Here’s the presentation, followed by some highlights.
His starting point is Octoberfounder Rosalind Krauss’s pronouncement, in 1979, of an “absolute rift” between art and religion. He elaborates:
The textbooks of twentieth-century art history, theory, and criticism, as well as major museum collections, readily testify to the fact that the institutional art world regards Christianity as having made negligible contributions to the fine arts during the twentieth century, and unfortunately that’s a judgment I largely agree with. But the reverse is also true: for the most part, the church has little regard for the canon of twentieth-century art as having made contributions to the development and deepening of Christian thought. For most of the last century, the worlds of contemporary art theory and Christian theology developed into distinct cultural configurations that have been remarkably disengaged from each other, often to the point of mutual unintelligibility.
The twenty-first century has seen a return of religion to art, Anderson says, but it has been a return riddled with problems. His agenda here is to (1) articulate where the primary problem in the rift lies, (2) offer an argument for how we might think of the return of religion to the art discourse, and (3) suggest ways in which Christians can work productively in the rift.
[03:13]Where does the rift between art and religion lie?
[05:43] Art Since 1900 identifies and articulates the four primary critical methods that have framed the modern and contemporary art discourse: psychoanalysis, social art history, formalism and structuralism, and poststructuralism and deconstruction. (“Theology” is not one of them.)
“Open my eyes, that I may behold wondrous things . . .”—Psalm 119:18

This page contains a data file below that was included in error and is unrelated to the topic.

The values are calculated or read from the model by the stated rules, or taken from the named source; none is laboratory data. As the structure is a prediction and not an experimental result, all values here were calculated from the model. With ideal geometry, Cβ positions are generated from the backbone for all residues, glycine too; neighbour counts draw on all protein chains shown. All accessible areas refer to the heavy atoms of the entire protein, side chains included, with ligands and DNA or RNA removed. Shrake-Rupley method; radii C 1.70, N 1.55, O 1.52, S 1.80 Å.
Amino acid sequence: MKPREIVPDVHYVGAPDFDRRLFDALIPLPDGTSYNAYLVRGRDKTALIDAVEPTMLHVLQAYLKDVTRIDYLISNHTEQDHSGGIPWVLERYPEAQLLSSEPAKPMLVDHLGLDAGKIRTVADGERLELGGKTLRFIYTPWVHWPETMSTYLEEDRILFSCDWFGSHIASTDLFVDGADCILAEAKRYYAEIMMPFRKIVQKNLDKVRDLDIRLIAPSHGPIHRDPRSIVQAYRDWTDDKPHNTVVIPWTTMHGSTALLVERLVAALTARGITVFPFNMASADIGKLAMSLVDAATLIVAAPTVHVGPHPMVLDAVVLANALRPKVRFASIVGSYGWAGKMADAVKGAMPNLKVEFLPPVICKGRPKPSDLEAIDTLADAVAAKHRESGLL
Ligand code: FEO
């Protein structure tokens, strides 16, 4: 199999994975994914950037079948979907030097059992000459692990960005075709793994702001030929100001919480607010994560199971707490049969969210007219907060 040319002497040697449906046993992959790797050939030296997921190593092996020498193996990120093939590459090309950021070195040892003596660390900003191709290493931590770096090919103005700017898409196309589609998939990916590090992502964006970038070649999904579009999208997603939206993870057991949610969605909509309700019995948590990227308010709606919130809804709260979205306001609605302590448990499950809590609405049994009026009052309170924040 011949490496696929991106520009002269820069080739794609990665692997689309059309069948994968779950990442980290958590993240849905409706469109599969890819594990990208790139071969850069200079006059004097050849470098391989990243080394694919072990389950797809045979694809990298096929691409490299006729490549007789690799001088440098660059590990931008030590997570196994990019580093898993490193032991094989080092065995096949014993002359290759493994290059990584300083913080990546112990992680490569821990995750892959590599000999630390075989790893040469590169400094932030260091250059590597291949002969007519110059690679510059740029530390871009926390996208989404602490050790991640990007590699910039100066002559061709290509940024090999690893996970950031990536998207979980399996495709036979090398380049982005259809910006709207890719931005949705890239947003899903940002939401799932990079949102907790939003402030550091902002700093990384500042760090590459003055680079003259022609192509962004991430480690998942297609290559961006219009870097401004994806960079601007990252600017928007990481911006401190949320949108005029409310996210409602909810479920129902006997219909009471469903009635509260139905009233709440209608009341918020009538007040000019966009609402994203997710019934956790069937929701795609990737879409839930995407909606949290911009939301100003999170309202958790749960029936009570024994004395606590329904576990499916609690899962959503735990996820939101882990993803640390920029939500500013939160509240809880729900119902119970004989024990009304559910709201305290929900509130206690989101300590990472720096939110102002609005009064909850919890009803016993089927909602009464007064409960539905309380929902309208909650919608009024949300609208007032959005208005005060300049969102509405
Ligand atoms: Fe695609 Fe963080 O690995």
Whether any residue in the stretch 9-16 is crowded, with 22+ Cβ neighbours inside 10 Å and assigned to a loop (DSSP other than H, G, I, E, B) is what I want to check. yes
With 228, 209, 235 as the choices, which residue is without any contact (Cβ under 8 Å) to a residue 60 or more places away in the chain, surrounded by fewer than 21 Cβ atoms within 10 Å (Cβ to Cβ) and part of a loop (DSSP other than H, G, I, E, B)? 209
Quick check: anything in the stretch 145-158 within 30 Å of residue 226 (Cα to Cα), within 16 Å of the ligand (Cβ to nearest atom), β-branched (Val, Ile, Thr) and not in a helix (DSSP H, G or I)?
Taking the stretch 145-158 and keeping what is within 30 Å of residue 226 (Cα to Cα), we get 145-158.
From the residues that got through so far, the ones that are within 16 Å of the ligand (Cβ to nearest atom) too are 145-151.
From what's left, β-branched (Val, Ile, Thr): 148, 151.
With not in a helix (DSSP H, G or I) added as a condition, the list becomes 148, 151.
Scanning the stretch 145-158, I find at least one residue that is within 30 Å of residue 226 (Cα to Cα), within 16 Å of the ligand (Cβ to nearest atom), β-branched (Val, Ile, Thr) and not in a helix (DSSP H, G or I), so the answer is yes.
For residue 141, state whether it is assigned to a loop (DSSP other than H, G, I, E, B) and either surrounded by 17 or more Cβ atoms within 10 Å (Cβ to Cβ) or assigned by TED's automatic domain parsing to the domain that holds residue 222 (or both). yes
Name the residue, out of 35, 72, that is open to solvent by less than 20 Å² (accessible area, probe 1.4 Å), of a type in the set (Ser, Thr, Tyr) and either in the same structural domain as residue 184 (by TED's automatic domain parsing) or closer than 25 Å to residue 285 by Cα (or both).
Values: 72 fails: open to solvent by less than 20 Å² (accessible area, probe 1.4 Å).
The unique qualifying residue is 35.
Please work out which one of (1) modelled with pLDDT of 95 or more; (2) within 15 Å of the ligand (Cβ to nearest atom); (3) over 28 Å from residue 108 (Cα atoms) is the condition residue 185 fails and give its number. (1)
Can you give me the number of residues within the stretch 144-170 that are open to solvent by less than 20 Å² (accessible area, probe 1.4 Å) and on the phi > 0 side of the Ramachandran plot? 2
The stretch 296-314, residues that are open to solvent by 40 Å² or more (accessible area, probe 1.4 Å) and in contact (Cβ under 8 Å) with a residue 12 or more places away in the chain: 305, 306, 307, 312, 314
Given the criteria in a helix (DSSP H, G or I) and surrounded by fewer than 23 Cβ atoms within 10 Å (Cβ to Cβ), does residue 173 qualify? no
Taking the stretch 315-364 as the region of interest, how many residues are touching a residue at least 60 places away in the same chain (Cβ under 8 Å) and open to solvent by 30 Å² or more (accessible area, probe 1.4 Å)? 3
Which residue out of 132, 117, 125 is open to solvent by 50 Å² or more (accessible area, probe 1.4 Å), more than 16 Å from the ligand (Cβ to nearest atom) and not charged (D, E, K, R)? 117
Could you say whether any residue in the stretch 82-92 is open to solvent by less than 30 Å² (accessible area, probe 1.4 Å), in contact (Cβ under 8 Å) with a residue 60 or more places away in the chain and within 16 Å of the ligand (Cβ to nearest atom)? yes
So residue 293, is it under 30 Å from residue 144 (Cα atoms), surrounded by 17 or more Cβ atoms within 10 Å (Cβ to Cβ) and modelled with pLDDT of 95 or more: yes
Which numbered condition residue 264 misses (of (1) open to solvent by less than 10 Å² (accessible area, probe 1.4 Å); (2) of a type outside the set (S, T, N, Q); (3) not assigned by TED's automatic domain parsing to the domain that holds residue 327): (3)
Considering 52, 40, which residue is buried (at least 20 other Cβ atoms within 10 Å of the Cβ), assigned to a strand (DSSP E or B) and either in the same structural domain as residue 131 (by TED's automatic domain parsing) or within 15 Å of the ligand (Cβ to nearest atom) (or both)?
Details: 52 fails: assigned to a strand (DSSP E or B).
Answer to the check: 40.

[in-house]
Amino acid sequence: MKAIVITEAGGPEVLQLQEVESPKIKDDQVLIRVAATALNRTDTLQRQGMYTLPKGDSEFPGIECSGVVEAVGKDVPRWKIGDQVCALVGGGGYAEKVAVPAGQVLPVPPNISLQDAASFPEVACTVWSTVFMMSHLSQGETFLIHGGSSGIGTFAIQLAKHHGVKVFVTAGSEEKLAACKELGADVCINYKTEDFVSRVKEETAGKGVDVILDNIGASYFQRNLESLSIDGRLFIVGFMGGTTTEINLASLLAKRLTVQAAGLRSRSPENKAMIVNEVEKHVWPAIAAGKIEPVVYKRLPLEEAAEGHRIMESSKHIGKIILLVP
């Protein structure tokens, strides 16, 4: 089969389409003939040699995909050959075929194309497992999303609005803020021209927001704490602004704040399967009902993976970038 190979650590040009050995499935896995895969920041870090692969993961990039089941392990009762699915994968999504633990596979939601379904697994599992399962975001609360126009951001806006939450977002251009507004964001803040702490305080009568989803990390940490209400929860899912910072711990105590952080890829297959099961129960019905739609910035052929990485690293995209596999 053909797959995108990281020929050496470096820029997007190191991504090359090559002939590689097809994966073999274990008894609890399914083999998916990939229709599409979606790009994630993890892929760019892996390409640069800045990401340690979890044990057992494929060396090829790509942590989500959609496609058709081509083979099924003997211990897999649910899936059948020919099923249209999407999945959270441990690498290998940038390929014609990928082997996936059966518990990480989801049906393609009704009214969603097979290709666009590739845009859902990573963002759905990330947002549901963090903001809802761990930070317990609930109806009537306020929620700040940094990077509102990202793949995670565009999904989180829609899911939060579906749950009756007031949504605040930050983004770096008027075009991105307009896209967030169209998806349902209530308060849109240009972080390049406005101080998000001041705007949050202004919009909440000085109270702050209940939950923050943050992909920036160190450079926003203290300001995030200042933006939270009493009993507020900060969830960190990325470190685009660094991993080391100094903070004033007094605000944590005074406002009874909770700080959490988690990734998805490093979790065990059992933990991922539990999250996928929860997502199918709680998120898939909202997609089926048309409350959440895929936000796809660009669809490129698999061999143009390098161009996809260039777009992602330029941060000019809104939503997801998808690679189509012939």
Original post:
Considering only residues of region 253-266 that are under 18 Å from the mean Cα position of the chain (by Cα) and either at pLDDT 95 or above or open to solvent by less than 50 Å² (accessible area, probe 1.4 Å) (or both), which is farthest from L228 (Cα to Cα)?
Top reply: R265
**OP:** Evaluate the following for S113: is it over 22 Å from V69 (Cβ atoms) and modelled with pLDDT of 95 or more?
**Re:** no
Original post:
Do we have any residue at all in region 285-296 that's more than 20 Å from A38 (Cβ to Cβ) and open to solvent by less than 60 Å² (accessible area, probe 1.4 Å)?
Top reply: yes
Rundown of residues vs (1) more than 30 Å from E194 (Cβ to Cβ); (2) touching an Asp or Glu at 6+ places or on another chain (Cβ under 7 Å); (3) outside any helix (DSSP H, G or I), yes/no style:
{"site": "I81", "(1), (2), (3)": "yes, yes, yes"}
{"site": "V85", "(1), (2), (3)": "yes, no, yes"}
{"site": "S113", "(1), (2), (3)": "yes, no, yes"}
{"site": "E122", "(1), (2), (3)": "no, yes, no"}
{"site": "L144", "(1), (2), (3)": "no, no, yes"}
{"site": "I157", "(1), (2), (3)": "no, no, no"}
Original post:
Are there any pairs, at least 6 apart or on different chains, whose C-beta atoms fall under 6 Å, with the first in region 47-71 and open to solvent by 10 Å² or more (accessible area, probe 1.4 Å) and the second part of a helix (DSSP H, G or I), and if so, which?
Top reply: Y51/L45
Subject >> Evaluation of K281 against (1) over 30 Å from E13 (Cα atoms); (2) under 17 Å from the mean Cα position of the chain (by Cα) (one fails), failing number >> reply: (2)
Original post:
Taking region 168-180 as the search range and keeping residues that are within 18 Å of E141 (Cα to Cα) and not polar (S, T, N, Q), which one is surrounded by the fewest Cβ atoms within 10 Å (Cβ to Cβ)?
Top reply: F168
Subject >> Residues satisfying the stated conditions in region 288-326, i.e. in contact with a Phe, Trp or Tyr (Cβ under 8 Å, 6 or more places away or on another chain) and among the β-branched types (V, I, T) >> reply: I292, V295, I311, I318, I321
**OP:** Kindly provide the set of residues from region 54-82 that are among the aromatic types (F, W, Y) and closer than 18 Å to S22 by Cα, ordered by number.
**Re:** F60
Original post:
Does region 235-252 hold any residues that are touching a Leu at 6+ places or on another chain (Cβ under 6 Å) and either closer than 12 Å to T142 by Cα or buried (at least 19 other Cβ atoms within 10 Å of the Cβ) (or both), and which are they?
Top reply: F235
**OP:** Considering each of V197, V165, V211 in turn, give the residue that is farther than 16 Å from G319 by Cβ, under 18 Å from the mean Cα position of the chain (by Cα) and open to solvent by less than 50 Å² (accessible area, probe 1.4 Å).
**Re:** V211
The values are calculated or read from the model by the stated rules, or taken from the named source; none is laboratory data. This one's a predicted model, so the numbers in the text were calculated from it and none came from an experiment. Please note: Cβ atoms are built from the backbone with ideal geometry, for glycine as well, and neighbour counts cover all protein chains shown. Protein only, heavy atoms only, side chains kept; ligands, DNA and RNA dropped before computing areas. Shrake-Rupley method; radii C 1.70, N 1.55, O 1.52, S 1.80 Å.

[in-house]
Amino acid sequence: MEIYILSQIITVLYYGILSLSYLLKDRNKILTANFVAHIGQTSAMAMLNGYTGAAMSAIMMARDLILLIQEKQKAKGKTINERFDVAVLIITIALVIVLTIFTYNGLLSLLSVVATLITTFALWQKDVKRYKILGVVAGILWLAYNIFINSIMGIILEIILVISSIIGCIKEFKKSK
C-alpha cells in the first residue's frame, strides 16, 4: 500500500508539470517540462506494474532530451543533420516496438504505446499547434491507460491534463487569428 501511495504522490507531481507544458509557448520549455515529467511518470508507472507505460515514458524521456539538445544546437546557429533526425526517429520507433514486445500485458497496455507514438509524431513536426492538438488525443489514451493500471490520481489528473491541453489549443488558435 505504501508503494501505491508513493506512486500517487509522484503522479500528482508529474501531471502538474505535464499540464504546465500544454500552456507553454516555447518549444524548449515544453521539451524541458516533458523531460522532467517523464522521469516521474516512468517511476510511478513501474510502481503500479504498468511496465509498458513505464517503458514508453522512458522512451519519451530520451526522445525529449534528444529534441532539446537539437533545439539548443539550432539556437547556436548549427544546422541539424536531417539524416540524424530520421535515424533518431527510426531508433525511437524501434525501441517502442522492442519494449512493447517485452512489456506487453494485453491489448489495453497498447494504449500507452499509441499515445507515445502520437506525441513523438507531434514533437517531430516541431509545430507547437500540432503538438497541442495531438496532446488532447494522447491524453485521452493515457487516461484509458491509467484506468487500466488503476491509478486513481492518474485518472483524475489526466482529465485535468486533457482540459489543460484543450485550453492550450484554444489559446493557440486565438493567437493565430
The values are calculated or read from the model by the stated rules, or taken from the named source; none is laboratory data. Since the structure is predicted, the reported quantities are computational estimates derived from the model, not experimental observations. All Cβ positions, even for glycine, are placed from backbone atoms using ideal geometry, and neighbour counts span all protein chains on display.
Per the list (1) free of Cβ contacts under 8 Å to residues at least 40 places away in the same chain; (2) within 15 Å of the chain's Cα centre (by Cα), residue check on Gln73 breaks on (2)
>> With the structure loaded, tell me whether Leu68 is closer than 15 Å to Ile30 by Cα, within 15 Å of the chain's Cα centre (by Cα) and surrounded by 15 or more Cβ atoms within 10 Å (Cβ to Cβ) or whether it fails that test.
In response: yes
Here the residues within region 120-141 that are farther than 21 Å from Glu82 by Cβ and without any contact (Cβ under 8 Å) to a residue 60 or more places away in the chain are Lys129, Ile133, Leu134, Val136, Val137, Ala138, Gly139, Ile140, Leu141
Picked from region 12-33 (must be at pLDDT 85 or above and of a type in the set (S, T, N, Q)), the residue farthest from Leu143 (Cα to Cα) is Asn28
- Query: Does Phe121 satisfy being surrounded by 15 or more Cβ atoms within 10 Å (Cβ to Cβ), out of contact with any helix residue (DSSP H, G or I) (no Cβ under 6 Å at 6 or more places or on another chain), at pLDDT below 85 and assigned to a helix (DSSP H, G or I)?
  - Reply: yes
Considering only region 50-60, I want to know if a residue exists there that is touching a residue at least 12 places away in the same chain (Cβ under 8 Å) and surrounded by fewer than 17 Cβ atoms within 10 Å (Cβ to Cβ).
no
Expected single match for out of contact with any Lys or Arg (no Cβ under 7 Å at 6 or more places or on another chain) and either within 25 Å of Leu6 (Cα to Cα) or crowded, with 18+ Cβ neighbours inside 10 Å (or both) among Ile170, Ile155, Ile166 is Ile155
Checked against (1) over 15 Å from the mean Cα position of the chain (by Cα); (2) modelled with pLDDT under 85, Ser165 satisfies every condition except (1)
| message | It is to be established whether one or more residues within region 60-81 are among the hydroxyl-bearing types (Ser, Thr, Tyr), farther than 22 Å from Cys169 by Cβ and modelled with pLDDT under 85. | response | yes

“My own eyes are not enough for me, I will see through those of others.”—C. S. Lewis
Images have revelatory power. God spoke through them in ancient times: a ladder (Jacob); sheaves of wheat (Joseph); a ripe grapevine (pharaoh’s cupbearer); birds eating cake (pharaoh’s baker); cattle eating cattle (pharaoh); a wheel inside a wheel (Ezekiel); dry bones reconstituting into living human beings (Ezekiel); a broken statue (Nebuchadnezzar); four beasts (Daniel); a sheet filled with animals (Peter); and fantastical creatures doing battle (John). Some of these images were received during sleep, while others were waking dreams—visions—and while verbal statements by God sometimes accompanied them, the images left definite impressions that plunged the seer into a deeper awareness of God’s nature and/or will.
Another famous image through which God spoke was the burning bush on Mount Horeb, which interrupted Moses during his workday. Notice his double take:
Now Moses was keeping the flock of his father-in-law, Jethro, the priest of Midian, and he led his flock to the west side of the wilderness and came to Horeb, the mountain of God. And the angel of the Lord appeared to him in a flame of fire out of the midst of a bush. He looked, and behold, the bush was burning, yet it was not consumed. And Moses said, “I will turn aside to see this great sight, why the bush is not burned.” When the Lord saw that he turned aside to see, God called to him out of the bush, “Moses, Moses!” And he said, “Here I am.” (Exodus 3:1–4)
In Abiding: The Archbishop of Canterbury’s Lent Book 2013, Ben Quash notes that when Moses first sees the bush, he simply receives the visual data: bush on fire. But then as he starts to compute what he sees he realizes that hey, the flames are engulfing it, but it’s not being consumed; this is a “great sight” that deserves a closer look. So he turns aside from his intended path to dwell more consciously and deliberately with the strange bush. It is only then—when Moses has stood still long enough—that the voice of God addresses him. And he is utterly transformed by the encounter that follows, whereby he is called to liberate his people from slavery in Egypt and lead them in settling a new land. Continue reading “The art of contemplative seeing (as modeled by Moses)”→